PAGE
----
LOS ANGELES, June 17 (Xinhua) -- Organizations in Los Angeles Monday rallied at U.S. Congressman Henry Waxman's regional office to protest against possible food stamp cuts, expecting the U.S. Congress to veto the proposed cuts which will impact about 2 million Americans.
The spokeswoman from Poverty Matters organization, Susie Shannon, told Xinhua that the U.S. House of Representatives would discuss the possible cuts of 20.5 billion dollars of food stamps this week in the House Farm Bill, and protesters expected Congressman Waxman and other members of the House of Representatives to veto the bill.
Meanwhile, together with the Progressive Democrats of America and the Hunger Action L.A., the Poverty Matters and other organizations called on local voters to voice their opposition to the House Farm Bill.
Statistics show that about 47 million Americans receive food stamps in the Supplemental Nutrition Assistance Program (SNAP), which has expanded significantly under President Barack Obama, who boosted benefits and allowed states to waive some work rules under the American Recovery and Reinvestment Act.
Although the U.S economy has seen signs of recovery and the unemployment rate has come down, millions of working Americans earn so little that they still qualify for food stamps.
President Obama is facing tremendous pressure to reduce the country's huge deficit by cutting budget, and Republican members in the U.S. Congress have taken aim at SNAP while Democrats want to save the program.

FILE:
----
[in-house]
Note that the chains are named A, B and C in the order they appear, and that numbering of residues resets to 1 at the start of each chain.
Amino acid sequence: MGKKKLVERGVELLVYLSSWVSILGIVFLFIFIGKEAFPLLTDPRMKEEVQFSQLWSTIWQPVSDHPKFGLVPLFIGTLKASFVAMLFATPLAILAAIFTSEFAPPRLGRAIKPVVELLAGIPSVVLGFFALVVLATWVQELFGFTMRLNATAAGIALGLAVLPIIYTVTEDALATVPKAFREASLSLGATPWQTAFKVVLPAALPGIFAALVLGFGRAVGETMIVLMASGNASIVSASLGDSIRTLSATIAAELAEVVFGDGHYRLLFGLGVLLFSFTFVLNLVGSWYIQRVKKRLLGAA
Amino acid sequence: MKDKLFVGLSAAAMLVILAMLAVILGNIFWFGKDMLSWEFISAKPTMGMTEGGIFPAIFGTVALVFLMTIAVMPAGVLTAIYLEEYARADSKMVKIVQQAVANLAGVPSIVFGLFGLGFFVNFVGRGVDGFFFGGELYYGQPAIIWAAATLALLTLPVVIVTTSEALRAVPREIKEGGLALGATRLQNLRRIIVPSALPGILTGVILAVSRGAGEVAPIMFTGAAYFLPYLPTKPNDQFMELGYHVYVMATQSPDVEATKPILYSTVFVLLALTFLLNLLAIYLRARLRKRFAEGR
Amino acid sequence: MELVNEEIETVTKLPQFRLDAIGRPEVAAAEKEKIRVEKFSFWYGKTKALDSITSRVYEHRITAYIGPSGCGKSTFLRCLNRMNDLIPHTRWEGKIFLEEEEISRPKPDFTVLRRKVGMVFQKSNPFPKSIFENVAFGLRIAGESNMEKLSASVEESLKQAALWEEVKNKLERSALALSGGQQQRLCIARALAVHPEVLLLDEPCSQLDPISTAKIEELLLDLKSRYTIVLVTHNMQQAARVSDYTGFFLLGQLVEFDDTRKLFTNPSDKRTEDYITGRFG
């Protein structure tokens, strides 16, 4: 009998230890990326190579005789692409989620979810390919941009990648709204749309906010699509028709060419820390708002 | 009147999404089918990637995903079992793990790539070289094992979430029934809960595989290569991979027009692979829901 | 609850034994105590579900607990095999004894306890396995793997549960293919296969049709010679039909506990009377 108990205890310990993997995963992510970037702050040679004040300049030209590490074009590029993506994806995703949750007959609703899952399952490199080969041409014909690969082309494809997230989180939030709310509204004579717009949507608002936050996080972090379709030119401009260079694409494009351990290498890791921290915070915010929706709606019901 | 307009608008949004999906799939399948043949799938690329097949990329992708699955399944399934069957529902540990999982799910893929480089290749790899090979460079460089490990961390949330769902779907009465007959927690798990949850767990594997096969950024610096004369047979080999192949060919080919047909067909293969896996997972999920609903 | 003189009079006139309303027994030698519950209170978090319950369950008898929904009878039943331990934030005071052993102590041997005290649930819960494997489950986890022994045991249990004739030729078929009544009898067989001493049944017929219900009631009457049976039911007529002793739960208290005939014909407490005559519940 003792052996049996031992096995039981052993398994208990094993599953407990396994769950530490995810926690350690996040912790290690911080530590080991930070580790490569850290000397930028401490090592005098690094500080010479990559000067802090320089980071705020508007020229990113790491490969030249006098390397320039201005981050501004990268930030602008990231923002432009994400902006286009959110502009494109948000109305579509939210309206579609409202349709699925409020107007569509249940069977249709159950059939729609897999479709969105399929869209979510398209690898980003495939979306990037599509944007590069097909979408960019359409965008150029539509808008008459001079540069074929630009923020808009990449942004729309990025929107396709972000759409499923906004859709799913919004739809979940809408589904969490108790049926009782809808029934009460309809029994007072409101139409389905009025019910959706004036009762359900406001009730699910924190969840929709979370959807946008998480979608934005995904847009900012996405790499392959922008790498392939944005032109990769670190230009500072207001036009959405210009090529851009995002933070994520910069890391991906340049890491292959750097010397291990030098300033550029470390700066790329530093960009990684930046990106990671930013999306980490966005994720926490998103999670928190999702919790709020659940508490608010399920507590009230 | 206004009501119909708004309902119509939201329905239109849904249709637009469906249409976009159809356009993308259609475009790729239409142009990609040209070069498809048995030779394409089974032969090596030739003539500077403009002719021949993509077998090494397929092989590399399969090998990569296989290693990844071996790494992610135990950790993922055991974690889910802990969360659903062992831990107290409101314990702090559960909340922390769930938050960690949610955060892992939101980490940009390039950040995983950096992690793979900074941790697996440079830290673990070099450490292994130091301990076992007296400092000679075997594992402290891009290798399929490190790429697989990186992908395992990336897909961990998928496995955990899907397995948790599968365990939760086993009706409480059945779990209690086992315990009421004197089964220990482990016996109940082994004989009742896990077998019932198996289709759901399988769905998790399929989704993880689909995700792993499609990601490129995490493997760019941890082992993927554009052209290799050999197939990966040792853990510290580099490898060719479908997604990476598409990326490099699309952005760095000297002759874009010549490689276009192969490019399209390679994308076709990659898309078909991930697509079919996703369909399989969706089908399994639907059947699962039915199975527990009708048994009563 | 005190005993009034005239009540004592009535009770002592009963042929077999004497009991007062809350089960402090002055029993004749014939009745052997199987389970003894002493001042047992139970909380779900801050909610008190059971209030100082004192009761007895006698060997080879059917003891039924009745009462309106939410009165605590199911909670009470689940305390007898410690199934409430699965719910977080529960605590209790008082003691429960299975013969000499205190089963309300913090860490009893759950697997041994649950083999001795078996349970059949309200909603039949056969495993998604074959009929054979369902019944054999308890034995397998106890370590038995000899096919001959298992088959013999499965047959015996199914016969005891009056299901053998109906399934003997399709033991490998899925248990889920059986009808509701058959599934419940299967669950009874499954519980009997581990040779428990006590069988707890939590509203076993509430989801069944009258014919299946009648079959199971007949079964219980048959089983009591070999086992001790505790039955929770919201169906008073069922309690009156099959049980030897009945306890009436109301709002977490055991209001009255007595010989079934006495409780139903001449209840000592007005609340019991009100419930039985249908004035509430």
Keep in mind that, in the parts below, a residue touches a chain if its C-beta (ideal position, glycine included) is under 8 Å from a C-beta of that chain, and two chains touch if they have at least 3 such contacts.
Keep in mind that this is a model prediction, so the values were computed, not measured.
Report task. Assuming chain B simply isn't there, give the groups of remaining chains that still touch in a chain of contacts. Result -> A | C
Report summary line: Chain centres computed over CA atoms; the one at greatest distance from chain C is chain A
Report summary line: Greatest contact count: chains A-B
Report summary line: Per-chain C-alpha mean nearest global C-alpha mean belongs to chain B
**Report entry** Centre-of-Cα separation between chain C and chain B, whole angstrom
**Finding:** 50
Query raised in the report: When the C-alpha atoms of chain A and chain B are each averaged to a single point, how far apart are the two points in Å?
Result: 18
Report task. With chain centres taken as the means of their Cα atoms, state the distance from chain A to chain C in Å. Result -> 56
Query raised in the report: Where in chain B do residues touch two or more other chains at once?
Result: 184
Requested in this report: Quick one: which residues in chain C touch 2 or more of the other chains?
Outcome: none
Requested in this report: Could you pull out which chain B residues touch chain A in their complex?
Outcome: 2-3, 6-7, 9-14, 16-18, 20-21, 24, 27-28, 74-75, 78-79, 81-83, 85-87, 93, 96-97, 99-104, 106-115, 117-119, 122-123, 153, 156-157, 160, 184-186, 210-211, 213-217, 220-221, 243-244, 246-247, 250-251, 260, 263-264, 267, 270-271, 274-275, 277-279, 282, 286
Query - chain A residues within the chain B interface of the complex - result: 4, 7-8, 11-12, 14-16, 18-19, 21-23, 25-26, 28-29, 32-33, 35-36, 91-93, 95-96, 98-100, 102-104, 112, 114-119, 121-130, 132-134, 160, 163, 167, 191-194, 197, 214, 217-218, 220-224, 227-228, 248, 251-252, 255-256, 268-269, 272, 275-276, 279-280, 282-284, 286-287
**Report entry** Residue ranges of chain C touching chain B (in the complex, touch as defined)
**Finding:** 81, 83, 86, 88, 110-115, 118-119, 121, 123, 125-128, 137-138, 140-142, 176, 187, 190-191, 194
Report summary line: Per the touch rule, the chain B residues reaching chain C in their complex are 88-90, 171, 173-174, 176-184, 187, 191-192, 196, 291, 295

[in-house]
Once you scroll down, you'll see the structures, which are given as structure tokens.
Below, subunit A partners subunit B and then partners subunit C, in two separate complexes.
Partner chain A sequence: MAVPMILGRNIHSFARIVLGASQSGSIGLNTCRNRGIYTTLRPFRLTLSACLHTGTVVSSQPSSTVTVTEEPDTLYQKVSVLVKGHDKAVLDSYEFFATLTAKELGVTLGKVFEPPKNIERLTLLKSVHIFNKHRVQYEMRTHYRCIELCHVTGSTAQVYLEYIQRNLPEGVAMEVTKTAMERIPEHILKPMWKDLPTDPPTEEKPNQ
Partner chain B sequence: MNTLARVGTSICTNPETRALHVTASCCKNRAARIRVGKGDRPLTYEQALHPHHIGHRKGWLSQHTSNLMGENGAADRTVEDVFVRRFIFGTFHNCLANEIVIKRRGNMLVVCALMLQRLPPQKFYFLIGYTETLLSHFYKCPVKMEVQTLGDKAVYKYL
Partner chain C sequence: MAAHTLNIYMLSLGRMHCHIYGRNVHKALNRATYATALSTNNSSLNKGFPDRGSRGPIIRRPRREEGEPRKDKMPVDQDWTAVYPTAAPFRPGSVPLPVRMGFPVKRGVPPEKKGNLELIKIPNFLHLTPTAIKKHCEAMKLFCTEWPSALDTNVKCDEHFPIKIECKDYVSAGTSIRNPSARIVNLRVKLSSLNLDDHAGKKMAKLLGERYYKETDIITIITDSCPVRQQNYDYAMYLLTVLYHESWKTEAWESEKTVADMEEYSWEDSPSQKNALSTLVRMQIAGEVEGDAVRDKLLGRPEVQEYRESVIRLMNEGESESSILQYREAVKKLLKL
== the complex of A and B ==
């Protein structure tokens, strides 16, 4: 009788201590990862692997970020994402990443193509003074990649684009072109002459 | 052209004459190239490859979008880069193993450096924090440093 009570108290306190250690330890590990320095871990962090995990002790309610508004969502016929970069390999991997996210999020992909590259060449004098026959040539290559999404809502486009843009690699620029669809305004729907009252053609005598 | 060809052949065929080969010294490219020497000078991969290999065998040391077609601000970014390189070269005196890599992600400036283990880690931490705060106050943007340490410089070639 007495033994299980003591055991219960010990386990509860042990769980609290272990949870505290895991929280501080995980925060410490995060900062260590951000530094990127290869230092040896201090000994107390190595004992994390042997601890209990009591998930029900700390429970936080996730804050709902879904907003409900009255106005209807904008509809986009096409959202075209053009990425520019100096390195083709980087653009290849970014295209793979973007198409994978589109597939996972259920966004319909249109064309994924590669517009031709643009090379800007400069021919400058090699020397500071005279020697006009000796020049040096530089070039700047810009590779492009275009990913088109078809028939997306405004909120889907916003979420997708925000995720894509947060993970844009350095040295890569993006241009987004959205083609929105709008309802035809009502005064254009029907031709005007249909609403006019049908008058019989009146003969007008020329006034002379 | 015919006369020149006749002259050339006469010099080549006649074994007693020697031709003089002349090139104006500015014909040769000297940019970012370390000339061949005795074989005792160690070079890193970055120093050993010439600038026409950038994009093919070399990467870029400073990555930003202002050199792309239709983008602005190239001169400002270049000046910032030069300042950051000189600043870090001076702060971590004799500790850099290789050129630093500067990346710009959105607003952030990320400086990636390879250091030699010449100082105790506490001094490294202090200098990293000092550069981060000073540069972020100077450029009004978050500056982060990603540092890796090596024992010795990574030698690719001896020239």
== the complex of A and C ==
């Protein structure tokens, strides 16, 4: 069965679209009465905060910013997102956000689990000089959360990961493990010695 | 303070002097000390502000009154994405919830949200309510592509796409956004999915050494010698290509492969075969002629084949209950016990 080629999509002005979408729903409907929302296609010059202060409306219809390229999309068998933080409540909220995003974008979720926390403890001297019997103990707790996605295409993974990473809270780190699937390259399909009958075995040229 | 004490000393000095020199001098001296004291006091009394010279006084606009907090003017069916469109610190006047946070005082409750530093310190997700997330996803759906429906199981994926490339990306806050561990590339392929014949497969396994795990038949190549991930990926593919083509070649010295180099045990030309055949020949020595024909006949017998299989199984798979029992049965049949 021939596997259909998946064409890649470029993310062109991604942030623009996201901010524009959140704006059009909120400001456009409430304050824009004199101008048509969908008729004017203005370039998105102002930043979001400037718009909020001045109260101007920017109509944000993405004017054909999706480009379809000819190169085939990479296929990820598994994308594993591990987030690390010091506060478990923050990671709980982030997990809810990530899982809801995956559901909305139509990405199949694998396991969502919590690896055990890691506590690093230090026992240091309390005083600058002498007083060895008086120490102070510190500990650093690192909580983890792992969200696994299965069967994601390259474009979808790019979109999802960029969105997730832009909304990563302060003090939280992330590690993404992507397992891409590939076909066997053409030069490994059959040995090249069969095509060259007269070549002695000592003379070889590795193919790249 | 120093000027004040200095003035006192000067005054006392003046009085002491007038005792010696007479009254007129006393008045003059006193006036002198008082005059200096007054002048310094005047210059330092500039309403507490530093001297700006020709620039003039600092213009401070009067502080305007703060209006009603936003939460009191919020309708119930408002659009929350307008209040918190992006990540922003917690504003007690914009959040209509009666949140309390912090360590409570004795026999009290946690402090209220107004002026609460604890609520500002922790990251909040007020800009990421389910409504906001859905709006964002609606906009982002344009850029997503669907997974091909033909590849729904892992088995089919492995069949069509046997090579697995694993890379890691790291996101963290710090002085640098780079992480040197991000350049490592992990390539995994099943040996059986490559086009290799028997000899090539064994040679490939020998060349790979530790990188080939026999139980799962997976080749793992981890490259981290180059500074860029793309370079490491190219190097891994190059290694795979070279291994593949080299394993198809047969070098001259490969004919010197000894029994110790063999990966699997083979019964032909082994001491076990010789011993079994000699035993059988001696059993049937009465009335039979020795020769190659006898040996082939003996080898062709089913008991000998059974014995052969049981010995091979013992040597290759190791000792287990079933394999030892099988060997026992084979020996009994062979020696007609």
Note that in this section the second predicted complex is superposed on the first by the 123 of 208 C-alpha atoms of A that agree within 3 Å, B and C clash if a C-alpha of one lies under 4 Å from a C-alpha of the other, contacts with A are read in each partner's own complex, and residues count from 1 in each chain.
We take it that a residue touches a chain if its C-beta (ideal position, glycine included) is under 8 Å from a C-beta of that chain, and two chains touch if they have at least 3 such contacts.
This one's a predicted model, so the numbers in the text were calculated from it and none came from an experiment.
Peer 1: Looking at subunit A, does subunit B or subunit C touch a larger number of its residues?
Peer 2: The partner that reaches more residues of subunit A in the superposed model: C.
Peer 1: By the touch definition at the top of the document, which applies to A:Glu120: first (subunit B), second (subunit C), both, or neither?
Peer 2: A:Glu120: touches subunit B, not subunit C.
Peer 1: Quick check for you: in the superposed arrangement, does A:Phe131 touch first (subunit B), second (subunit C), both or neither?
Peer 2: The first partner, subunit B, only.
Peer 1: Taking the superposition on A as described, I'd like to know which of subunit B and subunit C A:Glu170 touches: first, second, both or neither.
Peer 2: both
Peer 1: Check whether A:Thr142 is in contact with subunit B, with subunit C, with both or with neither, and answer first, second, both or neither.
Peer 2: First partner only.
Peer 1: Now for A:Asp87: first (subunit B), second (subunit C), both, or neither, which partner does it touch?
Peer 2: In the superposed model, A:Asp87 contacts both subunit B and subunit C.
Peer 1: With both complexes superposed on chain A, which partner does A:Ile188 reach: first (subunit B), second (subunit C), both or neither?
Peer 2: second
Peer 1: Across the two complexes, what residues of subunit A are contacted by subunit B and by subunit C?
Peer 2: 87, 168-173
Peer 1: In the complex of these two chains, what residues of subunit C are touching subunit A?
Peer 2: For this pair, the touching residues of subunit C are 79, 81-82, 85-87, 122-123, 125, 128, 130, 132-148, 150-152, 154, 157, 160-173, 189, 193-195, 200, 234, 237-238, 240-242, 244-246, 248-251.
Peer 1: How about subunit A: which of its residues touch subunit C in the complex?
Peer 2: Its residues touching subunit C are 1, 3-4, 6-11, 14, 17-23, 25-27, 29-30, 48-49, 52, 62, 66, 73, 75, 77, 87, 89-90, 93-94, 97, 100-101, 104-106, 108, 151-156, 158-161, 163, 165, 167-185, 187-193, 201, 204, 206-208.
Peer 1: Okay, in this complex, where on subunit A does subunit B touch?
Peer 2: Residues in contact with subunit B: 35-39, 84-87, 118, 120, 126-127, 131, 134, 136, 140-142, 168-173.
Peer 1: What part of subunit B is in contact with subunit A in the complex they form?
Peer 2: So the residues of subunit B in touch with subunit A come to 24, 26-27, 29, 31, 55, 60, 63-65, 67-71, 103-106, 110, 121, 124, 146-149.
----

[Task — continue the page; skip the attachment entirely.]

Republicans from the U.S. House of Representatives now want to cut 20.5 billion dollars over 10 years from SNAP, five times more than the 4 billion dollars authorized by a big bipartisan vote, 66 to 27, in the U.S. Senate last week.
Basically, qualified low income Americans can get 4.50 dollars of food stamps every day from the government.
Opponents of the Farm Bill held that food stamps kept a lot of Americans from going hungry.
According to a report by the Center on Budget and Policy Priorities, not only do SNAP benefits keep a lot of people from going hungry, they also help families purchase more nutritious foods, while they are actually projected to decrease as the economy begins to rebound.
Close to half of the recipients of SNAP benefits are children. From a policy perspective, there are many reasons to avoid making cuts to the program, according to the report.
Sixty percent of working-age people in the program are women, most with children. If the cuts go through, 210,000 children would lose their free school lunch benefits, statistics show
American media like The Nation, called cuts to the food stamps "cruel" to the low income Americans and damaging to the U.S. economy.
The Center for American Progress said in a study that for every 1 billion-dollar cut from SNAP, 13,718 jobs are lost in the country.
However, supporters of the Farm Bill held that food stamps would further back the "culture of dependency" and encourage the practice of "pulling yourself up by your bootstraps."
U.S. House Republican Stephen Fincher from Tennessee recently said that food stamps essentially "steal from those in the country and give to others in the country."
Statistics revealed alarming facts that more white people in the U.S. receive food stamps than black people, and able-bodied people without dependents are limited in the amount of time they can access the program.